Dem legislators make plans in event of victory
If Democrats win control of Congress, they plan to make big changes.
WASHINGTON (AP) -- Democrats say they will burst out of a 12-year exile with a bang if they win control of Congress in two weeks. They promise to quickly pass a minimum wage increase at home and to reduce the U.S. war role in Iraq.
Made-for-televison hearings would focus on faulty intelligence used to justify the invasion of Iraq, strategic and tactical missteps once there and the sending of troops into combat with insufficient armor, the Democrats say.
From the helm of the House Armed Services committee, they would press for an almost immediate troop drawdown. They also would try to switch the U.S. from a major role in Iraq to a supporting one -- counterterrorism and logistical tasks rather than patrols of the streets of Baghdad.
All that is assuming the Democrats win, a matter still to be decided by voters.
As in other policy matters, there's also a question whether the Democrats could agree on how to force Bush's hand. For example, they remain divided on how many troops should be brought home right away. Many dismiss any suggestion they would try to cut funding to end the war as in the Vietnam era.
As for investigations the Democrats might start, targets could include the administration's handling of agency finances and Bush's habit of issuing statements attempting to limit his obligations in following some details of laws he has signed.
"We haven't had any oversight hearings in six years, except for cheerleading sessions," said Rep. Pete Stark of California, who is in line to chair the House health subcommittee should Democrats become a majority.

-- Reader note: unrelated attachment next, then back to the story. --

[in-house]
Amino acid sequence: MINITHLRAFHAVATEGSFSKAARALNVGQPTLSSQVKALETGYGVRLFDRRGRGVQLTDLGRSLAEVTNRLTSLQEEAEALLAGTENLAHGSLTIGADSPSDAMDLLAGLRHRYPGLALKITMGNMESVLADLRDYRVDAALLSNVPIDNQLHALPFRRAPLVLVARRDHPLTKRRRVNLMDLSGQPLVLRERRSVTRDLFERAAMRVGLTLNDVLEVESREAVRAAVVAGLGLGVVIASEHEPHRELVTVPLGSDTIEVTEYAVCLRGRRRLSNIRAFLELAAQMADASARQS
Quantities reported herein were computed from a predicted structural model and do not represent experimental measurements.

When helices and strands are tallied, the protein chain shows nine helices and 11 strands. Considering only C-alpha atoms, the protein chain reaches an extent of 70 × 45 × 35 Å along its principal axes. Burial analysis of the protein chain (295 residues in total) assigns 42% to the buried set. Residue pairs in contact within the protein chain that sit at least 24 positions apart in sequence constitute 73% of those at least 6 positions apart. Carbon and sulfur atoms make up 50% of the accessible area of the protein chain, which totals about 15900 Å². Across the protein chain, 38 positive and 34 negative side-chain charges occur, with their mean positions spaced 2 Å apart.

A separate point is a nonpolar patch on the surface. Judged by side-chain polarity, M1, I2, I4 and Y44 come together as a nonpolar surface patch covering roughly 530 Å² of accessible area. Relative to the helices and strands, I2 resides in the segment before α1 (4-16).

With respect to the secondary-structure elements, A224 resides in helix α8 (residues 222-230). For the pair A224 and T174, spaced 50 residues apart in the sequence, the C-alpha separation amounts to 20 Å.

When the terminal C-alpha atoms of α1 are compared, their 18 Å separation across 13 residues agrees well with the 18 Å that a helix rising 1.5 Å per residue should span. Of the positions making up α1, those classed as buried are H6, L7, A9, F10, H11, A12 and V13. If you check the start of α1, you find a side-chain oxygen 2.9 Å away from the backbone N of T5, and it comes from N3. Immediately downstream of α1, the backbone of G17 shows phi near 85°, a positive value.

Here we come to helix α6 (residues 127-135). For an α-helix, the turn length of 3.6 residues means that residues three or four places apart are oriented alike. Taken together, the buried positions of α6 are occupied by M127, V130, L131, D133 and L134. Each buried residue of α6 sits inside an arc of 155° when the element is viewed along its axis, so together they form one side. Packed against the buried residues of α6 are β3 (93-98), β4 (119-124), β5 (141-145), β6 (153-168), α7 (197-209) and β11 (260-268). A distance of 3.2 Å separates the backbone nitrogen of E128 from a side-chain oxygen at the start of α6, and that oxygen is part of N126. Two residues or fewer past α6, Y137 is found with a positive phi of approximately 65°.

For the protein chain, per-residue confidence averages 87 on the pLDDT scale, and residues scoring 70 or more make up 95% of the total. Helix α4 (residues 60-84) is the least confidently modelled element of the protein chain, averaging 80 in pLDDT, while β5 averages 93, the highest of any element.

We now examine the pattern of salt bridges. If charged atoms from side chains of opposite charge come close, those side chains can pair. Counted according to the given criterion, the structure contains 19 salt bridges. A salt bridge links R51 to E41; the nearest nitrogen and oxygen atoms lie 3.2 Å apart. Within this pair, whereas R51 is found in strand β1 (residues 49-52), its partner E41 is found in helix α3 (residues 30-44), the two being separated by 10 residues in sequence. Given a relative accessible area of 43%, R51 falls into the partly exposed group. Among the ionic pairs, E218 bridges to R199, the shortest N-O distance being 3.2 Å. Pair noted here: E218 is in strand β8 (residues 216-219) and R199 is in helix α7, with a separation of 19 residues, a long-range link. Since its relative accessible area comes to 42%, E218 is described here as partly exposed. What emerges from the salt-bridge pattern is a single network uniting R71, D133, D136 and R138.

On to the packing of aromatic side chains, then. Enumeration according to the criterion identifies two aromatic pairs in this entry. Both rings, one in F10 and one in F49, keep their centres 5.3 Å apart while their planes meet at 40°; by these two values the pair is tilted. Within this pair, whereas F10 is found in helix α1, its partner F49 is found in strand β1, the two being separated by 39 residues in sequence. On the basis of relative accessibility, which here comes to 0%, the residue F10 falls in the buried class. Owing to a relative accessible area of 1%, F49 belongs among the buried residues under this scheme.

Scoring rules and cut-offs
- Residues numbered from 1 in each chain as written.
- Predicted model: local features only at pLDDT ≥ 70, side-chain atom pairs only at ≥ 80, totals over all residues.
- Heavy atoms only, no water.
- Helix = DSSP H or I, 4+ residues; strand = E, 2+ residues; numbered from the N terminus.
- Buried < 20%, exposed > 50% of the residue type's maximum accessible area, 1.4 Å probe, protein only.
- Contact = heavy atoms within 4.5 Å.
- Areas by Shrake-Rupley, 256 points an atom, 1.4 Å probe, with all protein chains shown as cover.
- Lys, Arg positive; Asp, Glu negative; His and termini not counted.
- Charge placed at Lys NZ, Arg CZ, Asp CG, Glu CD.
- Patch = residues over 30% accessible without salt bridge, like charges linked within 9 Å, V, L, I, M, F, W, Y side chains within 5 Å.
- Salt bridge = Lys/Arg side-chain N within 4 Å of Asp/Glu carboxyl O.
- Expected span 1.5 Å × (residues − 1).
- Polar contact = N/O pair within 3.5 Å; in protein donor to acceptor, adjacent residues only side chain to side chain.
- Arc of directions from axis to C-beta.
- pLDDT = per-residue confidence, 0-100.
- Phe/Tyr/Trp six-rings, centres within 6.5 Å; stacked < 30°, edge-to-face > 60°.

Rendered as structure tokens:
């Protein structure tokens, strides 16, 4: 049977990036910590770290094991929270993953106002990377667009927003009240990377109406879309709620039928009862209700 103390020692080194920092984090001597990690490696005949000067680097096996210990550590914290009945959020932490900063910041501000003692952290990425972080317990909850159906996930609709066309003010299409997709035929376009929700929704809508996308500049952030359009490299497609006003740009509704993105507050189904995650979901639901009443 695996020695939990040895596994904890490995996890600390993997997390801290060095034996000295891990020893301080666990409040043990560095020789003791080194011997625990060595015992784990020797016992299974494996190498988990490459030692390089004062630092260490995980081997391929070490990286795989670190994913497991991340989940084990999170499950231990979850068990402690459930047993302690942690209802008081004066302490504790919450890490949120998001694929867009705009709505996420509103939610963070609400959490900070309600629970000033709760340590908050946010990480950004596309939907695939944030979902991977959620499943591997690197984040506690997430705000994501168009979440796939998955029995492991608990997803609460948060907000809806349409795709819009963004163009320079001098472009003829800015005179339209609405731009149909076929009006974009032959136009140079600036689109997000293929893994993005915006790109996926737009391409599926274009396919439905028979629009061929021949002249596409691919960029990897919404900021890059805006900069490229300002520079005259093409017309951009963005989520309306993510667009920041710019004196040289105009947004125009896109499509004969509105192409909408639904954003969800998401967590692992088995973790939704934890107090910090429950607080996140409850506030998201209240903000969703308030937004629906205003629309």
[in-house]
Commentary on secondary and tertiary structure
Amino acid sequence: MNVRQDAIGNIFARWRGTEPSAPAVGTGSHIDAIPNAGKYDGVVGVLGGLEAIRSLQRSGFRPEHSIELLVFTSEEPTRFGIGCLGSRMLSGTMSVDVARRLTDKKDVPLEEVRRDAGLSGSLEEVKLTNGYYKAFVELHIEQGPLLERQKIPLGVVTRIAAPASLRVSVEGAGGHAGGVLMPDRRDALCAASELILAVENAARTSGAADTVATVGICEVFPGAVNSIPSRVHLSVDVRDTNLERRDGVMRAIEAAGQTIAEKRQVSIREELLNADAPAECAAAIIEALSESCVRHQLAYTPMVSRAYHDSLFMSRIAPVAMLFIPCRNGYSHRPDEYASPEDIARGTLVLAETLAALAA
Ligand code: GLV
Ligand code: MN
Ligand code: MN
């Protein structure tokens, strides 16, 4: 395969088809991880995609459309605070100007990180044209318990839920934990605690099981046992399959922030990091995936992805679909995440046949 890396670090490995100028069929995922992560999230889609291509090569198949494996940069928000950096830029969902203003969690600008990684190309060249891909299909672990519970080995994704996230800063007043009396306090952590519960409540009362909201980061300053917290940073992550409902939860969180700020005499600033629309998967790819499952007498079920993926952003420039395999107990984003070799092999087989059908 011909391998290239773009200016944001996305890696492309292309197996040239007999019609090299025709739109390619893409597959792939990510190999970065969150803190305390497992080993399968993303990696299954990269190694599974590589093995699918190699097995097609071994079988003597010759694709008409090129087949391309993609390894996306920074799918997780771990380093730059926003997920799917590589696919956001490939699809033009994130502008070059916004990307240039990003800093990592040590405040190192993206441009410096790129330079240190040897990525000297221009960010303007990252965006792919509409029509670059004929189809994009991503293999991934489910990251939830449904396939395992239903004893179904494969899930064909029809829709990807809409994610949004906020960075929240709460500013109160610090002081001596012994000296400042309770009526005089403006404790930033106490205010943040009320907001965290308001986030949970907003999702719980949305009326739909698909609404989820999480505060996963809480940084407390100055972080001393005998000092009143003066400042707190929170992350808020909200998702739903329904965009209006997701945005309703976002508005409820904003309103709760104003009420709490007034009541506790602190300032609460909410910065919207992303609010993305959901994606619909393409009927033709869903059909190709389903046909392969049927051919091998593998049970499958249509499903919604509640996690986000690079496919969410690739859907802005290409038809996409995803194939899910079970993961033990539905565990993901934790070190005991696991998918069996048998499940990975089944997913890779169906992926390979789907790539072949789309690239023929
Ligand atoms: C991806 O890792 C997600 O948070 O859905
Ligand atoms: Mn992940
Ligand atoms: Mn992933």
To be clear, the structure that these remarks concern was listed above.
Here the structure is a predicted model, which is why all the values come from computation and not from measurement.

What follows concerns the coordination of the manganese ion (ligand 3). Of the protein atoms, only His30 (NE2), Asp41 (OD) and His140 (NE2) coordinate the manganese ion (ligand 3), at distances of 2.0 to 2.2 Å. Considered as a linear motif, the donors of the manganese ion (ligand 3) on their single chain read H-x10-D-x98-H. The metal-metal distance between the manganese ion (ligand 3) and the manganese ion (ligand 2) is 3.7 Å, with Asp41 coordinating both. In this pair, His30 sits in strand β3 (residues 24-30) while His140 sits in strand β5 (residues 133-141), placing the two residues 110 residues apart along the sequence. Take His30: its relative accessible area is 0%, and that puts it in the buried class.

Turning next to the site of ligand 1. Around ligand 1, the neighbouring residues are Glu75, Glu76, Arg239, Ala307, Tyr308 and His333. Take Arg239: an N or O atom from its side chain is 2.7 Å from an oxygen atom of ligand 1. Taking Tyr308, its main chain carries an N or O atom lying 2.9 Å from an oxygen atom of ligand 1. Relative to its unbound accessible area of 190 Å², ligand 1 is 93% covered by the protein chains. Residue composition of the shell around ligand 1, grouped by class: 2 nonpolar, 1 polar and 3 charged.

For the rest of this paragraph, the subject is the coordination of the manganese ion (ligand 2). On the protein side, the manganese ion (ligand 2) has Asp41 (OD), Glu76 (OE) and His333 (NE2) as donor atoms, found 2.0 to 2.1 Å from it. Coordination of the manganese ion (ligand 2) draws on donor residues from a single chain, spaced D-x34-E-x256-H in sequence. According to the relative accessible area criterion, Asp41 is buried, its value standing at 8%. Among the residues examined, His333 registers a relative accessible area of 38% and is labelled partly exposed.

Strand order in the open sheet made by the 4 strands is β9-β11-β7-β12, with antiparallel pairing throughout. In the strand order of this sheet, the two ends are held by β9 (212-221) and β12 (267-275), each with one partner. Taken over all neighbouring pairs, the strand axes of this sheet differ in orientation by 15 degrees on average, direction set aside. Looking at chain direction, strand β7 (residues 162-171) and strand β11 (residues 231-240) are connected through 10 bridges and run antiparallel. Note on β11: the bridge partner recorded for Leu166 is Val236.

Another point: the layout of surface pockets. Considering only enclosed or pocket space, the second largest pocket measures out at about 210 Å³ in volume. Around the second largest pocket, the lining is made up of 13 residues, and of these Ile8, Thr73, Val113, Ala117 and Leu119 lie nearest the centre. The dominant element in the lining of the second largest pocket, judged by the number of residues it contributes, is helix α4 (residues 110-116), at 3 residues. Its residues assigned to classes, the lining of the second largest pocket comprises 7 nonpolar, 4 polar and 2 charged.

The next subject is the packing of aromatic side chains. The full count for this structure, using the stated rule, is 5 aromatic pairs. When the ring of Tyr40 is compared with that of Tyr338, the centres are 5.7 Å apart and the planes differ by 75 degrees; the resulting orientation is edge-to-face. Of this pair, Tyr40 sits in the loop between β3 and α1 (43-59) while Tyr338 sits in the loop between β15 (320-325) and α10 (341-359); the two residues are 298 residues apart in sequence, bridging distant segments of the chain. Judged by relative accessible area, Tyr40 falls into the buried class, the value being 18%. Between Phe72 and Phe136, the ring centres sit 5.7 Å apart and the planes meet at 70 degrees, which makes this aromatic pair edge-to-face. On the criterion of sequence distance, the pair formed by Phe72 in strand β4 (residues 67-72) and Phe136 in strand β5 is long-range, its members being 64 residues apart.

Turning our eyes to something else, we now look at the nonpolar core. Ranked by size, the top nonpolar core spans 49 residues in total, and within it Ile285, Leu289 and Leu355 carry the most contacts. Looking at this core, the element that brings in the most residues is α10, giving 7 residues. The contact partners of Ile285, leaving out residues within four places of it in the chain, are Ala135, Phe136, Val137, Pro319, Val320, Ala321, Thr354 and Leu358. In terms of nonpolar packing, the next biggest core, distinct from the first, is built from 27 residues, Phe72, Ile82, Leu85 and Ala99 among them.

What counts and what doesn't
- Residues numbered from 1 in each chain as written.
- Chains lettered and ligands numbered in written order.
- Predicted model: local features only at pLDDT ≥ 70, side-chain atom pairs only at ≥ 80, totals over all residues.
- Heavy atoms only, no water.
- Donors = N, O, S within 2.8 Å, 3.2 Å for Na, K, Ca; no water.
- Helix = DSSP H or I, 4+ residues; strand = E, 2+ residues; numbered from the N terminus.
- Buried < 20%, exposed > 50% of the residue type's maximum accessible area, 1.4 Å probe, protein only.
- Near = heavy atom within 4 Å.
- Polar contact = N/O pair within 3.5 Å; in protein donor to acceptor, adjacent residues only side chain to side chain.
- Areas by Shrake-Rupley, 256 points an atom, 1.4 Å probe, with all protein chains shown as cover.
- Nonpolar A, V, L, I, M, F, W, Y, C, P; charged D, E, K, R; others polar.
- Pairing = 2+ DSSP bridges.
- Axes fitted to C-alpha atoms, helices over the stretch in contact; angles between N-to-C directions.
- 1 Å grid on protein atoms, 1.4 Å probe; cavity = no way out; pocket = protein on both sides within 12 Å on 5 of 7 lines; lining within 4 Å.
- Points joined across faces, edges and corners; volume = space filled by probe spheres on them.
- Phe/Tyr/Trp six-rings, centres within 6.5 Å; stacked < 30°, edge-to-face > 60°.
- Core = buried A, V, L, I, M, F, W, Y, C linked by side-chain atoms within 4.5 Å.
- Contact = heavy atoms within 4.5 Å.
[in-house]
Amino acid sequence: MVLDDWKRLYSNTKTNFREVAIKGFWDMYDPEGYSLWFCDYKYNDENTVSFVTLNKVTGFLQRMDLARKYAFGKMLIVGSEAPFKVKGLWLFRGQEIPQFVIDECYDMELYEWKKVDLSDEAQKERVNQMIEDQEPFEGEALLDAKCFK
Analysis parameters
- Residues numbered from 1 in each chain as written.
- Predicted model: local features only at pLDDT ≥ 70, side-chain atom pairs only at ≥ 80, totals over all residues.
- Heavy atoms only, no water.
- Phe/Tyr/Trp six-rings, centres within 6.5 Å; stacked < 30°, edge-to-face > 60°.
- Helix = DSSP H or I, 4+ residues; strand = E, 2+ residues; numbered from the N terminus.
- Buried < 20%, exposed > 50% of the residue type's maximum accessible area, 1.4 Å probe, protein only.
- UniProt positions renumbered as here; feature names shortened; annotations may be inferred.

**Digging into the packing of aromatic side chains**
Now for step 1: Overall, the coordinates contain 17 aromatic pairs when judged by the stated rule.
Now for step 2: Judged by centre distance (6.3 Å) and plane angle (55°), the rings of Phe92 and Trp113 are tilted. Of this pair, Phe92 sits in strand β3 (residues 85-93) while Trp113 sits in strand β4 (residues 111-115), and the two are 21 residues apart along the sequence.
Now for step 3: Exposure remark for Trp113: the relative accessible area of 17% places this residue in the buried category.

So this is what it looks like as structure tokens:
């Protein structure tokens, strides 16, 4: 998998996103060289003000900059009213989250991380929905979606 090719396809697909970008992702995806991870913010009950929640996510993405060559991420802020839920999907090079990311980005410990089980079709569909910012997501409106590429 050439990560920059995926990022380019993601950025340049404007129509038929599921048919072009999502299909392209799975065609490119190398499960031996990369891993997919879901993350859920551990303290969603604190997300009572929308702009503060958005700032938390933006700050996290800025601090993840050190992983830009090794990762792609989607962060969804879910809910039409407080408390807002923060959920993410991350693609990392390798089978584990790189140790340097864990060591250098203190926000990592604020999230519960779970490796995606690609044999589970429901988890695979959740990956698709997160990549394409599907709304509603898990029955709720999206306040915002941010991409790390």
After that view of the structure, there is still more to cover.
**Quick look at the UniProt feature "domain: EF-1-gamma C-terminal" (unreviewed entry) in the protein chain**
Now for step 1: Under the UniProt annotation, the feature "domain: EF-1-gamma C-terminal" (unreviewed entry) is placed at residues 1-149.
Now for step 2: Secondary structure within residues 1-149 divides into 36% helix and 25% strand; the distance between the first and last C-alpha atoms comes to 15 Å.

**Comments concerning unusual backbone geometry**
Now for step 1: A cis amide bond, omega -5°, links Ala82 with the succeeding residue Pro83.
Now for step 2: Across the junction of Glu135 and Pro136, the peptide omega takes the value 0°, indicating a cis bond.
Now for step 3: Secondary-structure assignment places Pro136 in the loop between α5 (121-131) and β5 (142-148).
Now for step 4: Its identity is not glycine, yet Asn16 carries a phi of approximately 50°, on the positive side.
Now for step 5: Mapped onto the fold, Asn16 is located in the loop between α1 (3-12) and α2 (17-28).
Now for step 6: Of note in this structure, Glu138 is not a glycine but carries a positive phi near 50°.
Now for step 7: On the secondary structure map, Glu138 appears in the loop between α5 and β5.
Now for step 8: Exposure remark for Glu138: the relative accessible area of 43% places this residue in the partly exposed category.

Over the years, majority Republicans have developed an all-purpose reply to Democrats' gripes: When they gain control, they can run Congress as they please.
Capturing the House, the Senate -- or both -- also would allow Democrats to turn Capitol Hill into a pulpit from which to make the case for even more seats in the 2008 elections -- including the one in the Oval Office.
House Democratic leader -- and speaker in waiting -- Nancy Pelosi has promised to pass within the first 100 hours of a new Congress an increase in the minimum wage to 7.25 an hour, from the current hourly pay of 5.15. The last increase was voted by Congress in 1996.
Democrats also would dare Bush to cast a second veto against one of the most popular bills passed by Congress during his term, a measure that would have allowed federal funding for new embryonic stem-cell research.
Supported by former first lady Nancy Reagan, the bill passed both the House and Senate, leading Bush this year to cast the lone veto of his administration. The president says public money should not be spent on a process that social conservatives compare to abortion.
Polls show that more than three-fourths of Americans disagree.
Other major policy matters facing would-be Democratic congressional committee chairmen include influencing Bush's signature domestic law, No Child Left Behind, set for its first update next year.
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